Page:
And though most of us do not wear collars like this one- I can guarantee that people watch your life and know that you are a Christian. In fact, there may even be some level of respectability for being Anglican. After all, we have a number of high profile persons among us and we may take some pride in being one.  Know that people are watching how you live your life and let me tell you I think that the world desperately wants us to be good Christians. Even while they try to entice us into lifestyles and decisions that are not fitting for Christian life they desperately want to see a better way to live.  That is why they hate us for our hypocrisy so much- because many deep down are longing to find Goodness- Truth – and beauty and we like the Pharisees are supposed to show it to them- and when we don’t they feel their despair and fear even stronger.
         The single worst thing a non-believer can see is a Christian who live an arrogant- self-righteous life void of love or humility. It turns people away from the Church in droves. However, the single greatest thing they can see is a Christian who lives with love, integrity and humility- quick to admit when they are wrong and to forgive. Christians living lives of joy, peace and patience win the hearts of those who long so deeply for those things.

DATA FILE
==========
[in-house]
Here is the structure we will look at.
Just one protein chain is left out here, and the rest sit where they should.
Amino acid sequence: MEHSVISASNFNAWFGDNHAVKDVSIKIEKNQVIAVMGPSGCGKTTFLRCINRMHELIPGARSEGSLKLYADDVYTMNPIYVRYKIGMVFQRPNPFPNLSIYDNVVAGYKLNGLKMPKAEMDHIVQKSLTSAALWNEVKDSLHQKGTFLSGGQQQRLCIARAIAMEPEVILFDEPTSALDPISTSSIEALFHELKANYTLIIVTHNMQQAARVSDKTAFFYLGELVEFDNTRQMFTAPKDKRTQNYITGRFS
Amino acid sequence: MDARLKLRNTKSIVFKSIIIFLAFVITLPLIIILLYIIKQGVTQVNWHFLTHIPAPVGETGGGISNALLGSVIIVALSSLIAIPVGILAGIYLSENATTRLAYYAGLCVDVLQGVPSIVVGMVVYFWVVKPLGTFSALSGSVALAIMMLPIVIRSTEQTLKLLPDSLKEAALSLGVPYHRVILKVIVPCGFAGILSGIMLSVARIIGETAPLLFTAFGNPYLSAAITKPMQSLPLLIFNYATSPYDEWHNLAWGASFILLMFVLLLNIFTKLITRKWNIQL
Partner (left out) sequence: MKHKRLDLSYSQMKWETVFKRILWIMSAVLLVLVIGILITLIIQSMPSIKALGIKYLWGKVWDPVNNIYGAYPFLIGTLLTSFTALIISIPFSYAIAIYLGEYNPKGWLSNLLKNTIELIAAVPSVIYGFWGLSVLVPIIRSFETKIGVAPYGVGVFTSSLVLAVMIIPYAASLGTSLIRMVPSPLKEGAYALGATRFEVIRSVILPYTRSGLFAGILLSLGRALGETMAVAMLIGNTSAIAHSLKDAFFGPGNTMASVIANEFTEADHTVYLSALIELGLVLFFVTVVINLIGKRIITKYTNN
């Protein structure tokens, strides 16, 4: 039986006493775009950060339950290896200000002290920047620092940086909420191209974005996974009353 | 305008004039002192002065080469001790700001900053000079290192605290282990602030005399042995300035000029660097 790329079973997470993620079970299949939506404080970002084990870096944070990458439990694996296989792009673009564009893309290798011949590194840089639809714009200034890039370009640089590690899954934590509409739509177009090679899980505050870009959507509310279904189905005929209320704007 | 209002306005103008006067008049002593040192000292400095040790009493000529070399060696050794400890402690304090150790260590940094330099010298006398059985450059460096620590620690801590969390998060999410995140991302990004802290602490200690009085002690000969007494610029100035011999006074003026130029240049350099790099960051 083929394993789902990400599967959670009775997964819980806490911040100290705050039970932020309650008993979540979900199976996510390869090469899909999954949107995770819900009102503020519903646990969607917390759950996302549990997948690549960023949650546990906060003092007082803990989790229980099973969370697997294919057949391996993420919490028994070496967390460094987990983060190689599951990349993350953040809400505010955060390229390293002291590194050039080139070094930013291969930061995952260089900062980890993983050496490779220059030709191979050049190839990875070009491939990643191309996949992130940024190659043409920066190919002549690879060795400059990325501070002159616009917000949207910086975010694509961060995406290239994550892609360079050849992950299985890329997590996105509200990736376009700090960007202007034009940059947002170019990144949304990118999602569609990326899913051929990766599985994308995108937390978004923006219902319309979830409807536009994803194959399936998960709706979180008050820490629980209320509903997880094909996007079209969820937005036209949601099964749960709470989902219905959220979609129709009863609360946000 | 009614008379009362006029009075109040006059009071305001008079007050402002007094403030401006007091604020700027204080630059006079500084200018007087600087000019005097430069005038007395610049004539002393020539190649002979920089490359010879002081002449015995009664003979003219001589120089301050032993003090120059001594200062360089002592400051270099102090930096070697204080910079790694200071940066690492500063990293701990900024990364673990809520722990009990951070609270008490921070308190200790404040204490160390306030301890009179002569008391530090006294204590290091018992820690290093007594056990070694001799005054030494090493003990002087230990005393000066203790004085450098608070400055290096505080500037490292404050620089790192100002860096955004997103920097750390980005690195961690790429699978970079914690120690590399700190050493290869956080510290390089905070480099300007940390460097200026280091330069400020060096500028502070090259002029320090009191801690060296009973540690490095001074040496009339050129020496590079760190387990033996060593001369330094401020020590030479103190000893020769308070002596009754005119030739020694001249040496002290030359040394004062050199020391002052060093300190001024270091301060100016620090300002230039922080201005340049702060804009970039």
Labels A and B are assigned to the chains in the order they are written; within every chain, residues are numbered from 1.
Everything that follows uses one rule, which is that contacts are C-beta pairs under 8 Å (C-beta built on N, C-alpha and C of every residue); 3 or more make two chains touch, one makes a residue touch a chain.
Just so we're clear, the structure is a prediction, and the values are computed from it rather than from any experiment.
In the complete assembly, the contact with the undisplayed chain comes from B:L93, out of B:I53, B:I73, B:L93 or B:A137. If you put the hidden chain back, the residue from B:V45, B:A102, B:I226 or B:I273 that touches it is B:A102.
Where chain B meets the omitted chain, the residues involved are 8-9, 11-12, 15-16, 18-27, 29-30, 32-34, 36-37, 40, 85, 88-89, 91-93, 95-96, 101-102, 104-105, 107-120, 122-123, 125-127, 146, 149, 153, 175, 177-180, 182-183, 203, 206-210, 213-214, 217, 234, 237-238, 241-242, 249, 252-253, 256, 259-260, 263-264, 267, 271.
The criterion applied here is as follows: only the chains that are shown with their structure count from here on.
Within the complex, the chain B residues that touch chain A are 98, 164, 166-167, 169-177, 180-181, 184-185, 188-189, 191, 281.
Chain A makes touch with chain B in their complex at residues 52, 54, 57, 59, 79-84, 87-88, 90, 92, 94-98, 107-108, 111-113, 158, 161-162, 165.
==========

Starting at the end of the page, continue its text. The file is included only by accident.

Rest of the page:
Please hear me clearly! We are sinners- we are not going to be perfect anytime soon but we can grow in the core of the Gospel- led by the Christ who gave himself in love to us- in the humble form of a poor man who dies and rises again in Glory. We too can learn to be people of Love because of his love- we too can learn to be people of humility because of his humility.  So that even when we fail we turn with repentance. Such is the witness of disciples who show with their lives the disposition of their hearts.

Today is also All Saints Sunday- a day of the year when we remember people who are the very opposite of hypocrites- Saints. The lives of Saints show us what it looks like to live with our redeemed hearts and actions in harmony. They lived lives that show us the beauty of the greatest commandments. Have you ever seen or heard about a person’s life and become inspired or made more courageous because of it? I certainly have!  Today we are reminded that we are not alone- we are surrounded by a great cloud of witnesses that goes before us and even now prays for us! Sometimes in the midst of the darkest times the brightest lights are set ablaze.